Editors' ChoicePharmacology

The cost of being different

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Science Signaling  27 Feb 2018:
Vol. 11, Issue 519, eaat0494
DOI: 10.1126/scisignal.aat0494

Extensive genetic variations in GPCRs may alter responses to commonly used drugs and incur a high economic burden.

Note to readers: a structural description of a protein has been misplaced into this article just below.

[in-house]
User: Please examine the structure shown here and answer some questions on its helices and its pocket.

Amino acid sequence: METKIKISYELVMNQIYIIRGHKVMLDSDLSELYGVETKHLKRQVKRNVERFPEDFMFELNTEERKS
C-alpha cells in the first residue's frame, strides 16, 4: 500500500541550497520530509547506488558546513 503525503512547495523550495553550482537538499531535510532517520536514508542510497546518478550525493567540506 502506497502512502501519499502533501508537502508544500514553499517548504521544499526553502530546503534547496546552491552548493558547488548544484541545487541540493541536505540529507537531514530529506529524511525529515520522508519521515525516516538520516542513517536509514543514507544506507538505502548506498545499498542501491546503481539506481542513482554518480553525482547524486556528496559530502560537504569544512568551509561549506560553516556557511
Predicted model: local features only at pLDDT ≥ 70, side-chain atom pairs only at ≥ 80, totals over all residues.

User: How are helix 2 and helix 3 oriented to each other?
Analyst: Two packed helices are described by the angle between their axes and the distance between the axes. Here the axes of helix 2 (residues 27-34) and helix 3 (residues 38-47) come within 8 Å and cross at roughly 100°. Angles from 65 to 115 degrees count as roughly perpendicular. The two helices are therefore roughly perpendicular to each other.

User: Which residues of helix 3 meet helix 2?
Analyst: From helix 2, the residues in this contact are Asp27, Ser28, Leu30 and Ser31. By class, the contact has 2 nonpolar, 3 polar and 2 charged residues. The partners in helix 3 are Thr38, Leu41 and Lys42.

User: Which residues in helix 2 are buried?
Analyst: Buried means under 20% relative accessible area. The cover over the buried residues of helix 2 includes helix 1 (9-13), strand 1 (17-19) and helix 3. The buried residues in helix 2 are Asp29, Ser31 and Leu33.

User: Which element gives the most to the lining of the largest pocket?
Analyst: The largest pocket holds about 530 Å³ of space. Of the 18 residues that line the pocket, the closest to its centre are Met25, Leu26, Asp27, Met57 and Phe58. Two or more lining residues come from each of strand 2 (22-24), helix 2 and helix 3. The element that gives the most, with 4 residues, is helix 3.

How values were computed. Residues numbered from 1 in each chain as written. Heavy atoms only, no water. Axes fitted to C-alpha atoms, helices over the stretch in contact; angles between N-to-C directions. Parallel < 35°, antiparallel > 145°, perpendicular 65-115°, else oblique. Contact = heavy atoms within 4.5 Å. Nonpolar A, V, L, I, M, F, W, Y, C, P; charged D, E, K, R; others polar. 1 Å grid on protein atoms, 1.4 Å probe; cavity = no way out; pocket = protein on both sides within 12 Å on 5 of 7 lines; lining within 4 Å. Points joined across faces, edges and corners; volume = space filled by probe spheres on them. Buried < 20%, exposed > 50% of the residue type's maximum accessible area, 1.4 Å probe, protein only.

About one-third of FDA-approved drugs target G protein–coupled receptors (GPCRs). Hauser et al. estimated the prevalence, location, effect, and economic burden of genetic variations in 108 GPCR-encoding genes that affect drug responses. Analysis of the 1000 Genomes Project and exome aggregation consortium (ExAC) revealed that genes encoding GPCRs showed genetic variability, such as missense, loss-of-function, and copy-number variations. Furthermore, based on crystal structure data, many of these genetic variations were predicted to have a functional impact. The authors characterized the potential effect of genetic variations on drug responses for various drug-targeted GPCRs, including the μ-opioid receptor. BRET analysis of variants with uncharacterized polymorphisms around the ligand-binding site showed that two variants had altered responses to synthetic opioids but not to the endogenous ligand or morphine, whereas naloxone (which can reverse opioid overdose because it is an antagonist for opioid receptors) did not act as a full antagonist for two gain-of-function variants. Thus, naloxone would be less effective at saving individuals with either of these two gain-of-function variants from opioid overdoses. The authors estimated a high economic burden in the United Kingdom due to genetic variation for 279 GPCR-targeting drugs. The extensive prevalence of GPCR variants, combined with their potential effect on drug responses and associated health costs, suggest that clinically relevant genetic variants need to be taken into account when assessing the efficacy and side effect profile of GPCR-targeting drugs.

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